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Artist Divya Mehra uses humour 'to cut a tense situation'

Hey there, time traveller!
This article was published 30/3/2012 (1972 days ago), so information in it may no longer be current.

Divya Mehra grew up around cultural antiques.

Her immigrant parents, Kamal and Sudha, own the East India Company, a downtown restaurant lavishly decorated with historic Indian carvings, tapestries and statues.

Divya Mehra

Divya Mehra

Her three brothers all joined the family business. But the Winnipeg-born Mehra, 30, went in another direction. She's a multimedia artist with a growing reputation for provocative short videos, photographs, text works and installations.

Mehra's trademark is using sardonic wit to critique racism, power, privilege and cultural displacement.

"To cut a tense situation, I use humour," she says.

Take, for instance, her ironic 2009 video The Importance of Being Earnest. In it, a windblown Mehra lip-synchs the rapturous song A Whole New World from the cartoon musical Aladdin while behind her, idealized images of the disputed territory of Kashmir give way to photos of bloody violence between Hindus and Muslims.

"Unbelievable sights, indescribable feeling," she croons.

Mehra's work is edgy, intended to unsettle the viewer. For a recent solo show in Vancouver, she created a neon sculpture of pacifist Mohandas Gandhi's face, with one eye that winked. Next to it was a violence-threatening quote from gangsta rappers N.W.A., with "Paki" replacing the N word of the original lyric.

The St. Vital resident earned her undergraduate degree from the University of Manitoba School of Art and completed a master's in fine arts at New York's Columbia University in 2008.

She has shown at the Winnipeg Art Gallery, Plug In, Platform, Aceart and La Maison des artistes, as well as internationally. She's in distinguished company as one of 62 Canadian artists chosen for Oh, Canada, a show opening May 27 at the Massachusetts Museum of Contemporary Art.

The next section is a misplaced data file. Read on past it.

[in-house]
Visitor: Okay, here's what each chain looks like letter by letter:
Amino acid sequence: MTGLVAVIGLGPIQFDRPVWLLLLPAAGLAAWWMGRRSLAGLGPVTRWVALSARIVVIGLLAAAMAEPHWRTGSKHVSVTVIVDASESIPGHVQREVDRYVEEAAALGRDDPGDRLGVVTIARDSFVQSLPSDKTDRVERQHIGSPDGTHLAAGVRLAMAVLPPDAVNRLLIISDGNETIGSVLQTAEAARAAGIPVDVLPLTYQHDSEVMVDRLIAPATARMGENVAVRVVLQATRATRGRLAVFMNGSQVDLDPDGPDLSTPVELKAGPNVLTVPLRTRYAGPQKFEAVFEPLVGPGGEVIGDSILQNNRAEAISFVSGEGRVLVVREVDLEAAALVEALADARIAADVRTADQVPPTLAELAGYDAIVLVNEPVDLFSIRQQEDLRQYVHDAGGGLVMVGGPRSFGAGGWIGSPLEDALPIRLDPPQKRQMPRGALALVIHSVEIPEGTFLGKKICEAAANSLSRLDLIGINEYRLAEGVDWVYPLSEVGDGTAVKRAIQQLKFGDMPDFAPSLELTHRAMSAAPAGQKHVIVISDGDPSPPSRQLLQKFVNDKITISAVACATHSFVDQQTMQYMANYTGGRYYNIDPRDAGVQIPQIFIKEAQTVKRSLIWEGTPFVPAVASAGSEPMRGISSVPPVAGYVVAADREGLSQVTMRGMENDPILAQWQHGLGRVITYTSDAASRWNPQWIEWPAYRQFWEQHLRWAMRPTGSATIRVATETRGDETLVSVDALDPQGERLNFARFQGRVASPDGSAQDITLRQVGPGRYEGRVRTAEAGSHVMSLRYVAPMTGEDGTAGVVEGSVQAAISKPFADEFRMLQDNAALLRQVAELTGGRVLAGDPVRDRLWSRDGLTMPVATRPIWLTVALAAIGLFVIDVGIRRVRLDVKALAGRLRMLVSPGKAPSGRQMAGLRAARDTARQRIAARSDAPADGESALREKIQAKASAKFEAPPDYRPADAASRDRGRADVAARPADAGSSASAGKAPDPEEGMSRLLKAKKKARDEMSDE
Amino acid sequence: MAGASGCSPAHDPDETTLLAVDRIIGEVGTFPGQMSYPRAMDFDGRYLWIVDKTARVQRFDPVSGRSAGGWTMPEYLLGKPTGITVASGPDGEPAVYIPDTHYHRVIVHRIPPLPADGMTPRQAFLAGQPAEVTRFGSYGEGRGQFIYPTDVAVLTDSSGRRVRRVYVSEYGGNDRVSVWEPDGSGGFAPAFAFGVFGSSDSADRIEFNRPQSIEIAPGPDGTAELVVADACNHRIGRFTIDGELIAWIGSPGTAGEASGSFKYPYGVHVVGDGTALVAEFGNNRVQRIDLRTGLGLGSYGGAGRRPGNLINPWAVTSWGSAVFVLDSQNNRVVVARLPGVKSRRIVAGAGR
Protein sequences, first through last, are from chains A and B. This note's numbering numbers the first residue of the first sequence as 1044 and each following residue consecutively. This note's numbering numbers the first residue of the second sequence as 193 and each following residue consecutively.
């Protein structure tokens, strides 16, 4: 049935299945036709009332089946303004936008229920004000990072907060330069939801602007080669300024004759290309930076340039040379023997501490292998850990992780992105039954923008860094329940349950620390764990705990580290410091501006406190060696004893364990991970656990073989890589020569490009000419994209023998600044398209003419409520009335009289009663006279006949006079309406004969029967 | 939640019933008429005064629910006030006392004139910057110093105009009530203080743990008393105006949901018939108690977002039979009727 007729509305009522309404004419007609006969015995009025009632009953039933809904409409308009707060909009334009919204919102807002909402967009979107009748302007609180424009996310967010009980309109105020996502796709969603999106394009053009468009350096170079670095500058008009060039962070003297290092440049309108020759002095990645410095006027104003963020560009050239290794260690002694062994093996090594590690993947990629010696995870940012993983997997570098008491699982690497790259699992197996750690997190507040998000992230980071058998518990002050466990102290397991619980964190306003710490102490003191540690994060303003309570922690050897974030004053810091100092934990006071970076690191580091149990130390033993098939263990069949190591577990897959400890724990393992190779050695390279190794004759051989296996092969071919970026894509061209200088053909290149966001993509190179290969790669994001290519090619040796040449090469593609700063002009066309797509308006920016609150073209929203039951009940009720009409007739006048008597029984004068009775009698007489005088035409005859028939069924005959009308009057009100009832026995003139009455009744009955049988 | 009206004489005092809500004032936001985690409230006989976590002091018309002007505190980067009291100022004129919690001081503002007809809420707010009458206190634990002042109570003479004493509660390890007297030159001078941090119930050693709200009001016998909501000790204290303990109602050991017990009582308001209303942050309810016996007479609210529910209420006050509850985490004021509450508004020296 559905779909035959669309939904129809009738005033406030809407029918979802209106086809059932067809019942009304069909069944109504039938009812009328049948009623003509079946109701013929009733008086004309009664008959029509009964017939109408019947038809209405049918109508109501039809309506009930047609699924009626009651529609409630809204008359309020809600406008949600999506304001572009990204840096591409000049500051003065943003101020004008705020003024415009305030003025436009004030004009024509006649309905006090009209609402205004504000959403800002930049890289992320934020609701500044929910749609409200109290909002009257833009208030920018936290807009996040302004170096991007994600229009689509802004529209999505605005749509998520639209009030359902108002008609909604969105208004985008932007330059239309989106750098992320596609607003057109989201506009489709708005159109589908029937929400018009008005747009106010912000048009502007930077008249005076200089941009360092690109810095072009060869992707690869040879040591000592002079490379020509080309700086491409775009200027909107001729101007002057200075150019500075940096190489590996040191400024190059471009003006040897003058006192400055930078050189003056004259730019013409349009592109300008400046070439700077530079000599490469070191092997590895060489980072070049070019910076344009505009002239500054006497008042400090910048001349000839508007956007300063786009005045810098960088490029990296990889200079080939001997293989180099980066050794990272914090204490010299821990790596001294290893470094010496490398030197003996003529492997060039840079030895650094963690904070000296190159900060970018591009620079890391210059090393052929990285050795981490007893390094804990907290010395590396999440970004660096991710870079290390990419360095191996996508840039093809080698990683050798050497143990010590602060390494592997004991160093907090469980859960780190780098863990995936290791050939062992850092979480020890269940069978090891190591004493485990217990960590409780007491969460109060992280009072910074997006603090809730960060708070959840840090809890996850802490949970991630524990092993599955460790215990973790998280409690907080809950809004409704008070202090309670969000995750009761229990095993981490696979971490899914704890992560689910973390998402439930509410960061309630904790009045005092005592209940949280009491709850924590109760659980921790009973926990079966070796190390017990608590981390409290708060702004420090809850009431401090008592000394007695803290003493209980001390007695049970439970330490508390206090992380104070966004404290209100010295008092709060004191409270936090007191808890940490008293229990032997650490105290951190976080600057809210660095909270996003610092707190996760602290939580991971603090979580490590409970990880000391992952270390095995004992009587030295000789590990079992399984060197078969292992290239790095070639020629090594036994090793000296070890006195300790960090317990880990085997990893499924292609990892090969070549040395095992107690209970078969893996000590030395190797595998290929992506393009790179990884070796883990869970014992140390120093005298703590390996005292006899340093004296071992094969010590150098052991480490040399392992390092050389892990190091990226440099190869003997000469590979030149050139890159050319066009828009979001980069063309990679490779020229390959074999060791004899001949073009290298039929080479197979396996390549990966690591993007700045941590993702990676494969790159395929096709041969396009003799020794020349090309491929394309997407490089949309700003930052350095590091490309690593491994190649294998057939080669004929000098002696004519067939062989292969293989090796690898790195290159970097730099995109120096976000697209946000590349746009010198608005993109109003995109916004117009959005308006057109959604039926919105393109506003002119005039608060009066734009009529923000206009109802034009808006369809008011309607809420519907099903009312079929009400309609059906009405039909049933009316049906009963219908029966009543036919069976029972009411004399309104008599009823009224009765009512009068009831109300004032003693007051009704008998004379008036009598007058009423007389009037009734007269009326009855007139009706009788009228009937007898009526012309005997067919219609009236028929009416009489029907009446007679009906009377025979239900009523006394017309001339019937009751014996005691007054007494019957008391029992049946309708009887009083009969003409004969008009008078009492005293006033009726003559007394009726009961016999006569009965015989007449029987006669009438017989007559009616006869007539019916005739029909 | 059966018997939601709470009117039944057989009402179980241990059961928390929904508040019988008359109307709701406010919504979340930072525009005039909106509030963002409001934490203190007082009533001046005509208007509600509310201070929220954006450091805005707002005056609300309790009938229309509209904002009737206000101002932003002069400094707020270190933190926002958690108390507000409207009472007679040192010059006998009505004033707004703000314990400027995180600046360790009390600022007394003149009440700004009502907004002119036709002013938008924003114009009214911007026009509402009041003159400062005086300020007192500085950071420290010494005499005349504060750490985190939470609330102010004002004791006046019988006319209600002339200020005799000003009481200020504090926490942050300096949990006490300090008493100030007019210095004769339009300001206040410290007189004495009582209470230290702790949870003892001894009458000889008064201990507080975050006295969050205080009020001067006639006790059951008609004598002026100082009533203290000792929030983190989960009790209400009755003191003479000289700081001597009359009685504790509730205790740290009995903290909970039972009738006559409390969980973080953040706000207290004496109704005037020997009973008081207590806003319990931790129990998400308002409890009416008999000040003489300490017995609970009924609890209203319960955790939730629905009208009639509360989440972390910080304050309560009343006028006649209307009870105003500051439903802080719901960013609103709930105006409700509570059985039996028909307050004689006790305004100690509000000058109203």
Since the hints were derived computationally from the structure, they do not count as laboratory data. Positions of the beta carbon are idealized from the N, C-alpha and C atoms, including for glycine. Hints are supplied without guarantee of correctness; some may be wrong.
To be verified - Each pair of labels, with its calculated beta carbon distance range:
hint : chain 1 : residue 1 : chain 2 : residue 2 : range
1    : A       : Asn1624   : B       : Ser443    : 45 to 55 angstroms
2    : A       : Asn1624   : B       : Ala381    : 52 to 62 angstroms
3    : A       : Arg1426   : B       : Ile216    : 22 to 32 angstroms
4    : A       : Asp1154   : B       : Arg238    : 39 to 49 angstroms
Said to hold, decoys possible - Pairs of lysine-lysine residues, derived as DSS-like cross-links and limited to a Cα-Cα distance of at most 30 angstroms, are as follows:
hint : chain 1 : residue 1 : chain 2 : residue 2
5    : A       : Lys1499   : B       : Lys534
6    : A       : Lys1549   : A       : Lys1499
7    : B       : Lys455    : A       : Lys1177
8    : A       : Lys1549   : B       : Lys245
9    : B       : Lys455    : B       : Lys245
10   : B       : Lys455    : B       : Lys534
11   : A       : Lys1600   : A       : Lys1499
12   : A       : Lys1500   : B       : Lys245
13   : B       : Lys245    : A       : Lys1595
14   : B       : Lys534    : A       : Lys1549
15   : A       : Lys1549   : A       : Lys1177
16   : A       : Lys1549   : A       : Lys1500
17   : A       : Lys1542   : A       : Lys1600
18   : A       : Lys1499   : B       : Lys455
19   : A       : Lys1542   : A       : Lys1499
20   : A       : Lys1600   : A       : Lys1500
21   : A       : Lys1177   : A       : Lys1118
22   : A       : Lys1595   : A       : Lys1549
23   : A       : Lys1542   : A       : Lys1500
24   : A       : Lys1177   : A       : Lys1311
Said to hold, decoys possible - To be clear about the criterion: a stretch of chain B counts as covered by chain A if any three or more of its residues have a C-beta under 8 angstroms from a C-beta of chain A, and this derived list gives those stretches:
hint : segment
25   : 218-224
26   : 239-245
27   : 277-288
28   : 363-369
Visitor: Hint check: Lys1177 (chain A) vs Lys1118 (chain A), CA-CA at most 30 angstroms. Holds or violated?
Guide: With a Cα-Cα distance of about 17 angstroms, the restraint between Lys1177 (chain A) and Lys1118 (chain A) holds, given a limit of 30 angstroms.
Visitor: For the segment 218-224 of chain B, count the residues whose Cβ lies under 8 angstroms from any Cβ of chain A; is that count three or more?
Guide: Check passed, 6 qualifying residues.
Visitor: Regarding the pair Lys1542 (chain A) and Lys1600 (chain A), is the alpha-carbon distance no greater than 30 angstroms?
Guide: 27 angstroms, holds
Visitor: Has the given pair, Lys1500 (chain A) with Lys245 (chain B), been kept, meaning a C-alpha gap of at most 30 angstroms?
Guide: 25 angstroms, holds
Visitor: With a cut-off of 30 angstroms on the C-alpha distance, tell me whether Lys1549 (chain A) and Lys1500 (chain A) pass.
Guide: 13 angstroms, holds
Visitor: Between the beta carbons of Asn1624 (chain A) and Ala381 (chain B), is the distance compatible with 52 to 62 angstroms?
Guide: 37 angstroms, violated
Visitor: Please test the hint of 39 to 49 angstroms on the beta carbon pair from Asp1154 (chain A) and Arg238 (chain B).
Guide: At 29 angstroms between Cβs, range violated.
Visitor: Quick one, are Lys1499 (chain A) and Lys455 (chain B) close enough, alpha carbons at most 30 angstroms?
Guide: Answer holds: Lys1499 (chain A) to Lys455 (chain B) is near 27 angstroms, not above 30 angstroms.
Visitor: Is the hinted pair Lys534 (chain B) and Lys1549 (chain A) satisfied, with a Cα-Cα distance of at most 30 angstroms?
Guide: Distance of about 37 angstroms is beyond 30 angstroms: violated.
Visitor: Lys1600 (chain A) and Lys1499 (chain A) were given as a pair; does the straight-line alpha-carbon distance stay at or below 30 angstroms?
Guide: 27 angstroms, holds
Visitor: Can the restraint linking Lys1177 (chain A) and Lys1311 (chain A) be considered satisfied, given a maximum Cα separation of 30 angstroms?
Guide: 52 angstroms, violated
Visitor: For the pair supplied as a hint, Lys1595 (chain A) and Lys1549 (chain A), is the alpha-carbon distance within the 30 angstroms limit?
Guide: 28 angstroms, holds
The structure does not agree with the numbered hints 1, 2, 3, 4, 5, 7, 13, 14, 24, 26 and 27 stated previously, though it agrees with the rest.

Comic books, hip hop and Indian movies have influenced Mehra. "My brothers and I were exposed to a lot of Bollywood cinema - movies from the '70s and '80s," she says.

Her early videos, starring herself, poked fun at cultural stereotypes. In one, she affected a heavy accent and drove around the Exchange District in a fake "Orange Curry Cab Co." taxi, offering rides.

Recently, she's done more text-based projects such as You have to tell them, I'm not a racist, consisting of phrases such as "Whites have wonderful weekends" displayed in white text on "blinding white" walls.

Last year, Mehra received a Canada Council grant and went to India to research the violence-plagued, religion-based 1947 partition of British India. The carving up of turf directly affected her family. Her mother is from Mumbai, while her father is originally from a city in Punjab. As a Hindu, he had to flee when the city became part of Pakistan.

One of Mehra's works from her 2010 solo show Turf War is a photo for which the artist asked her mother to wear a sweatshirt that says INDIA and her father one that says PAKISTAN. The shirts are in the gang colours of the notorious Bloods and Crips. The photo's title is The Pleasure in Hating.

"They were totally up for it," the artist says about her supportive elders.


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